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How Should We Read Gallup Polls?

Mark Blumenthal of The Huffington Post, perhaps the best public resource on the intricacies of polling, has taken an inside look into the nitty-gritty details of Gallup's polling. The piece is a must read for polling junkies, but the short story is that defensible methodological choices lead Gallup to under sample non-white voters and produce marginally more GOP-friendly results than other pollsters. Given the stark disparity between white and non-white voting preferences, even modest changes in the demographic composition of a poll can make the difference between a tight race and a clear advantage for one side. Blumenthal is digging deep: he goes into the raw data and carefully examines Gallup’s samples with the help of Gallup’s pollsters, who generously answer the questions he raises along the way.

How should these insights influence our reading of the polls? For most poll watchers, Blumenthal's piece should be yet another reminder of the virtues of polling averages, which happen to be remarkably accurate despite their simplicity. Every poll has quirks, and few pollsters are transparent enough to judge their methodological peculiarities. However, the oddities of individual firms and samples tend to balance out in the aggregate and, consequently, the polling average works pretty well.

While some are likely to spin Blumenthal’s piece into “Gallup is wrong,” it is important to emphasize that Gallup’s cooperation and transparency enhances the credibility of their polling. I’ll take a transparent pollster that shows its work every time, even if it has a discernible house effect. Poll watchers can make adjustments for known house effects with an identifiable cause, but too many pollsters release top-line numbers without an account of the underlying details. Gallup’s willingness to answer questions, release raw data, and report detailed demographic breakdowns is admirable and the organization’s numbers should not be discounted, especially given their sample sizes.

Instead, Gallup’s numbers can be yielded with confidence, but in context of the differences that distinguish their numbers. Most polls of registered voters generally assume a more diverse electorate than Gallup and a stronger Obama showing among African Americans. At this stage, no one can predict the composition of the electorate with confidence, so there is no reason to declare any pollster “wrong” on account of their demographic breakdowns, at least at this stage. Instead of declaring Gallup wrong, one can say that the race is tied among registered voters, if whites are 77 percent of registered voters. Gallup’s transparency and large samples allow us to make that claim with relatively high confidence, even if there is cause to believe that they under-sample the non-white vote. With opaque pollsters, we cant qualify their findings, which detracts from our ability to gauge the state of the race.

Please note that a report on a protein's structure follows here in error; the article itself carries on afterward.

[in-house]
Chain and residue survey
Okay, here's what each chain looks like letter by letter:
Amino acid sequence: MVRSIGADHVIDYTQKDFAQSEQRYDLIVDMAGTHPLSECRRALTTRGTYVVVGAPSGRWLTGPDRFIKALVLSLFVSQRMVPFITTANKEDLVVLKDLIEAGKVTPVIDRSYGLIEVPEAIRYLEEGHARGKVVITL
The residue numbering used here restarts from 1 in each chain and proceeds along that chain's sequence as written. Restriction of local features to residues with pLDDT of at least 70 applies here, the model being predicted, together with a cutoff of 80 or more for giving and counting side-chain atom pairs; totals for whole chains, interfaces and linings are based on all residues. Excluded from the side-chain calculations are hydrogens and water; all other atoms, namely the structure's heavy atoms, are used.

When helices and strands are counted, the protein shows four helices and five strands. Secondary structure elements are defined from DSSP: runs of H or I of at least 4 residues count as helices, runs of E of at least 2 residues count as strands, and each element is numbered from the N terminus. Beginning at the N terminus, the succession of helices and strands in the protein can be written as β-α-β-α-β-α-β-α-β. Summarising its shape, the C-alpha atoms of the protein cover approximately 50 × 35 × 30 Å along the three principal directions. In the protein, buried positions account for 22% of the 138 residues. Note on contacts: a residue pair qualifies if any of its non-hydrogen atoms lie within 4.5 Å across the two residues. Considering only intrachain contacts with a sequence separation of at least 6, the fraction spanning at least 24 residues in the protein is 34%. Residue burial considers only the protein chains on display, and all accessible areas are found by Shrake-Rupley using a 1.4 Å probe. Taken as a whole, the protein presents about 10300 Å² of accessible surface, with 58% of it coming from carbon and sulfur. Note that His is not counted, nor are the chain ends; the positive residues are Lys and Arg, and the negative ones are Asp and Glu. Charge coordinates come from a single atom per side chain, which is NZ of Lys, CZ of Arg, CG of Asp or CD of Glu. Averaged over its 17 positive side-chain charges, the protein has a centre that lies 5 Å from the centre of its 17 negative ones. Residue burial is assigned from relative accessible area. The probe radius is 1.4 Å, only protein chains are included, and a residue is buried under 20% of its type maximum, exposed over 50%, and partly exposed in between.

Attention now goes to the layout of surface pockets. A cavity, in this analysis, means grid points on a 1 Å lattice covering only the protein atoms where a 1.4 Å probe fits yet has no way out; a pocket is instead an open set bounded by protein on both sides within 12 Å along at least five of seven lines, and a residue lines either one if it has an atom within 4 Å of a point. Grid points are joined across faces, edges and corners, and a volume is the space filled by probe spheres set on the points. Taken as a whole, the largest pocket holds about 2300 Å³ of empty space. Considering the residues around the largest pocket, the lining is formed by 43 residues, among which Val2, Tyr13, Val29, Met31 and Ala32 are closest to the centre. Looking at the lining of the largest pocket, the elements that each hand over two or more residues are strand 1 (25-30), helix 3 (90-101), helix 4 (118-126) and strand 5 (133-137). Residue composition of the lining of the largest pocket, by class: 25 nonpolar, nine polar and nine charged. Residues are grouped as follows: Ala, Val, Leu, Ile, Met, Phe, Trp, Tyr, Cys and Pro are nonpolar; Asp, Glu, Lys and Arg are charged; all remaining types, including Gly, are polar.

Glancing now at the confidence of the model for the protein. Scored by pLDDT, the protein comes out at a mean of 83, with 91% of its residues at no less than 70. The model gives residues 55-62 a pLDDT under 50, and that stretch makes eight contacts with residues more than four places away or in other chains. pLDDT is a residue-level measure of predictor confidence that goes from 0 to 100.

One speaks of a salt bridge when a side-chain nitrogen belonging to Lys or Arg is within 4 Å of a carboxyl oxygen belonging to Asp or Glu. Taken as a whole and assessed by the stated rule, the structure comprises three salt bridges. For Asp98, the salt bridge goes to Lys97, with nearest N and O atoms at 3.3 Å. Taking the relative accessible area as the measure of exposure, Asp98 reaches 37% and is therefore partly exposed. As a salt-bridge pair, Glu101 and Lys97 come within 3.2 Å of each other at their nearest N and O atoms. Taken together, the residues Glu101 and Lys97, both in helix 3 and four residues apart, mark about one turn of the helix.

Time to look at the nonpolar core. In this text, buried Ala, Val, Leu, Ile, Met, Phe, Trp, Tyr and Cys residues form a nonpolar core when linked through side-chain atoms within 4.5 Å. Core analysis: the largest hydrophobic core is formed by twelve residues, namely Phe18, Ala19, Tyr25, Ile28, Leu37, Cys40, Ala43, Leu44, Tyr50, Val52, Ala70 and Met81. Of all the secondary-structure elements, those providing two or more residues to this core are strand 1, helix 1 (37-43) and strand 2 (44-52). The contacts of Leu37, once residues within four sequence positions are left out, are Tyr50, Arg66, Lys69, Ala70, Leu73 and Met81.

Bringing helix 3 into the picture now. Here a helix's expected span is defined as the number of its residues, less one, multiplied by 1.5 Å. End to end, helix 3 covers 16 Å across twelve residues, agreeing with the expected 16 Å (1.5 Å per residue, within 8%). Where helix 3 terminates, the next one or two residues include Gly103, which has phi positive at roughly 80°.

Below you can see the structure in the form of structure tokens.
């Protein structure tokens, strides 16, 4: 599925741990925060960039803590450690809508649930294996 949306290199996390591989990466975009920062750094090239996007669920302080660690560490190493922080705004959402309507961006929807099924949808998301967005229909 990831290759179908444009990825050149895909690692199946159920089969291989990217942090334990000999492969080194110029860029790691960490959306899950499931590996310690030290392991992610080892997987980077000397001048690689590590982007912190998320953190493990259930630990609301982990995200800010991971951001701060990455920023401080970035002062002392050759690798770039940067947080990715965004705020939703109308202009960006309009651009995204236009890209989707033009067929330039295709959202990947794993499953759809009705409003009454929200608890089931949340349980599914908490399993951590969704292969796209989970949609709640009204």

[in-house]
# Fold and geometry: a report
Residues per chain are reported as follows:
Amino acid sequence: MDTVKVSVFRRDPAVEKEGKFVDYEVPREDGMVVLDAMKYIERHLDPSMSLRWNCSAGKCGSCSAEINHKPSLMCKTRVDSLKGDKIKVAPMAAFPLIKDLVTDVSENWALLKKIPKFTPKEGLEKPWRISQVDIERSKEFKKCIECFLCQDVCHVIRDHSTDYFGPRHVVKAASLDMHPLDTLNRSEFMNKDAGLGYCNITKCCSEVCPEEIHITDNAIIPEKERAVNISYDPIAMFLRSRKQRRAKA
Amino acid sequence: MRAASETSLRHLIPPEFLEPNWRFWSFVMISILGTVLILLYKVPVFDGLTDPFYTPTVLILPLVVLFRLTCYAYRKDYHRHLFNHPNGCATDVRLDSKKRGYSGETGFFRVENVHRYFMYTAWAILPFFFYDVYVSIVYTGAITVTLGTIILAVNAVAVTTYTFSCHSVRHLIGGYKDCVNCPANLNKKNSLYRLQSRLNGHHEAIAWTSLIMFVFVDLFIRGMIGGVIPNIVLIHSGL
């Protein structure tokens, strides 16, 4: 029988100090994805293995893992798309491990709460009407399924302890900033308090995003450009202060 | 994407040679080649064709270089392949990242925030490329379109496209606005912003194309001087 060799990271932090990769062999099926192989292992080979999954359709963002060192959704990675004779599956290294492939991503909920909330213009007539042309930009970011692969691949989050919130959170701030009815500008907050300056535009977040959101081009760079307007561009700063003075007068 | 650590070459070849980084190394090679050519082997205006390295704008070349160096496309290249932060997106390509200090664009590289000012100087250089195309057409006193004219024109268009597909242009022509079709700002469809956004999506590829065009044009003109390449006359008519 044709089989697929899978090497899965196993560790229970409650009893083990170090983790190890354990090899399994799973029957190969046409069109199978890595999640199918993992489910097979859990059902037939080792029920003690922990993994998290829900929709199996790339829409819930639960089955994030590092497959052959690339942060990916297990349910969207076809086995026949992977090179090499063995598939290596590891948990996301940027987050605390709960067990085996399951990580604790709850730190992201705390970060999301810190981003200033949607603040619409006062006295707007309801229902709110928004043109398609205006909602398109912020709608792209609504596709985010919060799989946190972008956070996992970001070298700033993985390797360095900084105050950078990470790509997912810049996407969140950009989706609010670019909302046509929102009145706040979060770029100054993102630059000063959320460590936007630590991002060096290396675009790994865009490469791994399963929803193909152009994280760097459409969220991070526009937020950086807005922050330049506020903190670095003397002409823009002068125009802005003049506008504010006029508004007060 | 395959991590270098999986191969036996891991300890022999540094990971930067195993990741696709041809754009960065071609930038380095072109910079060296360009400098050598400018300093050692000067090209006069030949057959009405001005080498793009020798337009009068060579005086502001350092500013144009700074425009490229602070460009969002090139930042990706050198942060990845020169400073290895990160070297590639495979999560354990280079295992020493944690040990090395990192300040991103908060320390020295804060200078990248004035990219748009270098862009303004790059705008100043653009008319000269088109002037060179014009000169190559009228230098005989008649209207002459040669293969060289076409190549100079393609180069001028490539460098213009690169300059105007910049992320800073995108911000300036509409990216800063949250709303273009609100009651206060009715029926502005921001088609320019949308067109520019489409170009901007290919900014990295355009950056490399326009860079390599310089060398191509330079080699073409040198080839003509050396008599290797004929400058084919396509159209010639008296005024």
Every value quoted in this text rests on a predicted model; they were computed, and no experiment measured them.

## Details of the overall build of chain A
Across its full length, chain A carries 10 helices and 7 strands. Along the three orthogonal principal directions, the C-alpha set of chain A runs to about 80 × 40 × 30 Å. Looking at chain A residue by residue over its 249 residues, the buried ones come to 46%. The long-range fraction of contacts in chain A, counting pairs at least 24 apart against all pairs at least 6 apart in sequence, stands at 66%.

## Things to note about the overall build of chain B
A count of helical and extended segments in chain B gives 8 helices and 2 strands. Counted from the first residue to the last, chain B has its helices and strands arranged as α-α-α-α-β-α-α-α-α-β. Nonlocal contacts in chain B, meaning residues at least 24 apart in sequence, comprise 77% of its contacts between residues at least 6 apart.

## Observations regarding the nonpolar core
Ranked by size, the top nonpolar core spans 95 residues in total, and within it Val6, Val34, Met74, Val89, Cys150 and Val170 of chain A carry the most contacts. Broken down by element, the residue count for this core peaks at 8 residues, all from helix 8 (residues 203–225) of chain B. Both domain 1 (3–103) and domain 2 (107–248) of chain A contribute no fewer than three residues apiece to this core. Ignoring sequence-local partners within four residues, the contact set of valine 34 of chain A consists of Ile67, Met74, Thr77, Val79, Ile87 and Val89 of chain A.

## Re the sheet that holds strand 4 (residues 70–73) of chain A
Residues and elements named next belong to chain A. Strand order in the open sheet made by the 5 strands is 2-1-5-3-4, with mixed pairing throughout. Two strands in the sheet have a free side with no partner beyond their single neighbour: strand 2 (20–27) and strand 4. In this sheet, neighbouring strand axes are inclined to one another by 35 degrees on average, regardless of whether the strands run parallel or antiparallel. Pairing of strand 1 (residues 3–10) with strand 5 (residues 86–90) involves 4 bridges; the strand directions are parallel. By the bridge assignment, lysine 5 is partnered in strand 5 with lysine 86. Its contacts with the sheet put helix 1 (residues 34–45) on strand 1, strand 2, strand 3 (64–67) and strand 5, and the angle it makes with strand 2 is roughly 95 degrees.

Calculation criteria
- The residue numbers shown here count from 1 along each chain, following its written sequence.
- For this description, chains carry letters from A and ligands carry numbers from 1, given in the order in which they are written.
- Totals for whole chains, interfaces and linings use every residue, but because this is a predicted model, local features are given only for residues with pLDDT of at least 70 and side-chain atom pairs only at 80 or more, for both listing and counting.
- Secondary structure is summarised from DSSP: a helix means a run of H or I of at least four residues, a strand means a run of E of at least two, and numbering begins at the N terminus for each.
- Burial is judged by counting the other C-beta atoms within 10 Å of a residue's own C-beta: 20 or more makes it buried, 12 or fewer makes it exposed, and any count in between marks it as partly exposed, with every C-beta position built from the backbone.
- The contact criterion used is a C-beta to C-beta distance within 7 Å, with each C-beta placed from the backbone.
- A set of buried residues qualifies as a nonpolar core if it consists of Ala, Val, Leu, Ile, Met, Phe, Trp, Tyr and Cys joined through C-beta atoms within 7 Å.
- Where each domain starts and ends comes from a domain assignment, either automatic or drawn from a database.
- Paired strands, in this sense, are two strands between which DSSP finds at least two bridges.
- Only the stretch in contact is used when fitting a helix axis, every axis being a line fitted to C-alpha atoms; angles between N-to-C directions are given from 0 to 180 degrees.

The difficulty of polling non-white voters is cause to consider the white subsamples of polls. As noted in the Blumenthal piece, pollsters struggle to contact blacks and Hispanics for a variety of reasons, including youth, a greater number of households without a phone, lower educational attainment, and a higher number who speak English as a second language. Although whites are far from homogenous, many of the problems associated with low response rate groups are less acute among white voters. Better still, focusing narrowly on white voters controls for changes in the composition of the electorate, contributing to better comparisons between polls given the difficulty of gauging expected turnout five months before an election.

Since May 1, all but two polls give Obama between 38 and 40 percent of the white vote. One of the two polls, Fox, did not push undecided voters and probably would have produced a 38-40 percent figure if they had done so. At approximately 39 percent of the white vote, Obama is far from assured of reelection. In this range, realistically high or low estimates of non-white turnout and/or support for Obama could deliver the presidency to either party. If Obama can pick up additional white support, Romney would start needing gains among Latinos or surprisingly low non-white turnout. Conversely, Obama’s chances would be jeopardized by additional losses among white voters.

In an era of low response rates and an increasingly diverse electorate, polling is becoming more and more difficult. To account for these challenges, well-intended pollsters will make defensible but different choices. Gallup’s choices clearly yield a less diverse electorate than other pollsters, but Gallup’s transparency should be lauded and their polling should not be discounted. Instead, one should continue to follow polling averages and view Gallup’s top-line numbers in the context of their underlying choices.